Fortunately, Cannon not only had the desire to get things right, but the patience as well. It’s an attribute he learned from his years of writing music.
“The creative aspect is the most fun part to me. The design concept and bringing it to life, it’s very parallel to songwriting,” Cannon says. “When I look back at the music and my career, the thing I enjoyed the most was the creation of the song. Designing lures is the same thing, and I find that really cool.”
Music Doesn’t Take A Back Seat
There are a lot of cool things happening for Cannon and his Whiskey Myers bandmates after the group came together in the red dirt of east Texas in 2007. There have been plenty of chart-topping hits, five albums, a few thousand concerts, an appearance on the Paramount hit series Yellowstone, sold out arenas, and being chosen by Mick Jagger to open for the Rolling Stones at Soldier Field in Chicago in 2019.
“You hear about things being once in a lifetime, well that was like a never in a lifetime chance,” Cannon says of opening for the Stones. “It didn’t get no better than that.”
While the band has gained headliner status, Cannon attributes much of the current success to the opportunity with Yellowstone, where Whiskey Myers had nine songs featured on the show, exposing their music to millions of people. “Being an independent band, a touring band, we were always really grassroots going town to town to earn our fans the hard way,” Cannon says. “Yellowstone gave us so much more exposure.”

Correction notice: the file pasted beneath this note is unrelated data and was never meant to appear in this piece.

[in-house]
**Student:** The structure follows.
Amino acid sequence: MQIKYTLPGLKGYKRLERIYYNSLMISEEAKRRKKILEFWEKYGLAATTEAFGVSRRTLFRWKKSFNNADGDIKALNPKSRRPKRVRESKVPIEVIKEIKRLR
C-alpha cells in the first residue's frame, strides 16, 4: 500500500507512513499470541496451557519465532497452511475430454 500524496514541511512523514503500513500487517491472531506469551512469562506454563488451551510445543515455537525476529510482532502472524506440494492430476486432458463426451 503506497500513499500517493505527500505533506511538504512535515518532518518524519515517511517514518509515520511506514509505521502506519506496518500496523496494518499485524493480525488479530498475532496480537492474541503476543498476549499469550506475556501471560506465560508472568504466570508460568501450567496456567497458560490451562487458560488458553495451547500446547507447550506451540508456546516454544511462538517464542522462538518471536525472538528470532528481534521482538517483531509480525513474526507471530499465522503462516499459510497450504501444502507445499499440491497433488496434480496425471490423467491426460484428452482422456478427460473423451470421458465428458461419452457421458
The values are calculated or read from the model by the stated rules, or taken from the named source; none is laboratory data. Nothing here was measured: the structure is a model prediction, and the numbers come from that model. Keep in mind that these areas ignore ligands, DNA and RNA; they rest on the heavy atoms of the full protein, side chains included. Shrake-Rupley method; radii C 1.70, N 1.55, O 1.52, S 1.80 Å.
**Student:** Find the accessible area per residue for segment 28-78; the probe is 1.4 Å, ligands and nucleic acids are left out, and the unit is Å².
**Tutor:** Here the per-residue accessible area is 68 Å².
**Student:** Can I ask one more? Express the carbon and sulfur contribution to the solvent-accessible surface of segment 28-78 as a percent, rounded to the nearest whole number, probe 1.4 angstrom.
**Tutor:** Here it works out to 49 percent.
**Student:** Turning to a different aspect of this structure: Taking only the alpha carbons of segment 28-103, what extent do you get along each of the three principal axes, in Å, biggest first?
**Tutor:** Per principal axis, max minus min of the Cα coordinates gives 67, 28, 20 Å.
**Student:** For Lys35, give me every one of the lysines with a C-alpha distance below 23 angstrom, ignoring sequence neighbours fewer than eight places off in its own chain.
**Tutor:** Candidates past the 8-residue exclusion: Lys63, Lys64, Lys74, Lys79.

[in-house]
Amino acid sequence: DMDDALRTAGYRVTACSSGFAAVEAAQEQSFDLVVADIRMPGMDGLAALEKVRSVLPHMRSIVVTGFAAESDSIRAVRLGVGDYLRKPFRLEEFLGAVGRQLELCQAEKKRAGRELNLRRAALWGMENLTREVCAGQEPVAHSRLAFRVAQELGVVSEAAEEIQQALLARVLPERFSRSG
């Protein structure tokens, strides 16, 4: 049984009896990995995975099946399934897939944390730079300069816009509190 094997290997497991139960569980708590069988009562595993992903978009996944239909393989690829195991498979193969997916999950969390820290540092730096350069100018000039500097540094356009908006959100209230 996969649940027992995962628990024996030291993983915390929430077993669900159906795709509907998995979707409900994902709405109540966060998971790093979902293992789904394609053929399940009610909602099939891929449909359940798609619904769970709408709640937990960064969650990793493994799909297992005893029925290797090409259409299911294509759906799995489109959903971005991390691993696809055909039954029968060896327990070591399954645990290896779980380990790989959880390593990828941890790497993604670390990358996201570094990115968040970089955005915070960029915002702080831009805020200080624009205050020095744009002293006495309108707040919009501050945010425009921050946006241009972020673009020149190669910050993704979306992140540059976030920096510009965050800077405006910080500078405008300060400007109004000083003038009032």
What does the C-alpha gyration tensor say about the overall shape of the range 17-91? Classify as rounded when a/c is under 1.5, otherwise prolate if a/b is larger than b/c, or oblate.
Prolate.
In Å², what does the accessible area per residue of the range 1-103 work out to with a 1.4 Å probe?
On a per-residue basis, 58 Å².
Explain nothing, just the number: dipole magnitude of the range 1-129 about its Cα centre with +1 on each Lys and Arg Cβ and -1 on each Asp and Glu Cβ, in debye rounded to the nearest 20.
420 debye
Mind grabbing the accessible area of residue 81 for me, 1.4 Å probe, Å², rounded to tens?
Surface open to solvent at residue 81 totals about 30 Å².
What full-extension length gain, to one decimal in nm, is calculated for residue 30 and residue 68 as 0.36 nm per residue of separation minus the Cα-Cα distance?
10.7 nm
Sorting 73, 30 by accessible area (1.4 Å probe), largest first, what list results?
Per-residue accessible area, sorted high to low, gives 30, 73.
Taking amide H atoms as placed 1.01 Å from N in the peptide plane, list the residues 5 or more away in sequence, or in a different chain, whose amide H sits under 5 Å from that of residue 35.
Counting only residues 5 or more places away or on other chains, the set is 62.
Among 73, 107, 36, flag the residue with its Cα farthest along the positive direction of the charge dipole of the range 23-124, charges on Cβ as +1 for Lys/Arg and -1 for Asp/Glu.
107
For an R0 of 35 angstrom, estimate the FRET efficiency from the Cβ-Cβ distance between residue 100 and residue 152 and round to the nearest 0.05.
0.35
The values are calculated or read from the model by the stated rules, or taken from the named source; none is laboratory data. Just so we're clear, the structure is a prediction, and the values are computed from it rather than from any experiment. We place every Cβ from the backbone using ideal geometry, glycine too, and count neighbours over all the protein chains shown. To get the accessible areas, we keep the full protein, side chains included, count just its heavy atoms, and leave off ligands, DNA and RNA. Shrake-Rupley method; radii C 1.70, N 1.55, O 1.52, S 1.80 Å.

Even though Cannon is fine with the term “touring band,” that’s where it ends as far as labels are concerned. Sure, there’s plenty of old country and southern rock influences in the music, but for him, the Whiskey Myers sound is much more than a single genre or two. “I think labels are more for people sitting in an office to make it easier to market it and sell it,” Cannon says. “At the end of the day it’s just music. From a creative standpoint, I would never box myself into a certain sound. If I had to do that, I wouldn’t do it at all. We’re just us.”
Bringing A Hardcore Mindset to Frog Lures
His mindset is similar when it comes to the Toad Thumper business. The company began with two styles of frog lures, and with Cannon involved, it’s destined to become much more.
But it’s going to take time, and Cannon is fine with that.
On stage, Cannon performs with energy and adrenaline. When it comes to building bass lures, however, his approach is methodical and patient. “I can throw a prototype and think it’s perfect, but I keep testing it and it kind of falls short,” he says. “It’s back to the drawing board and more changes, but take your time and you’ll get it there.”
The Frog Lure That Changed It All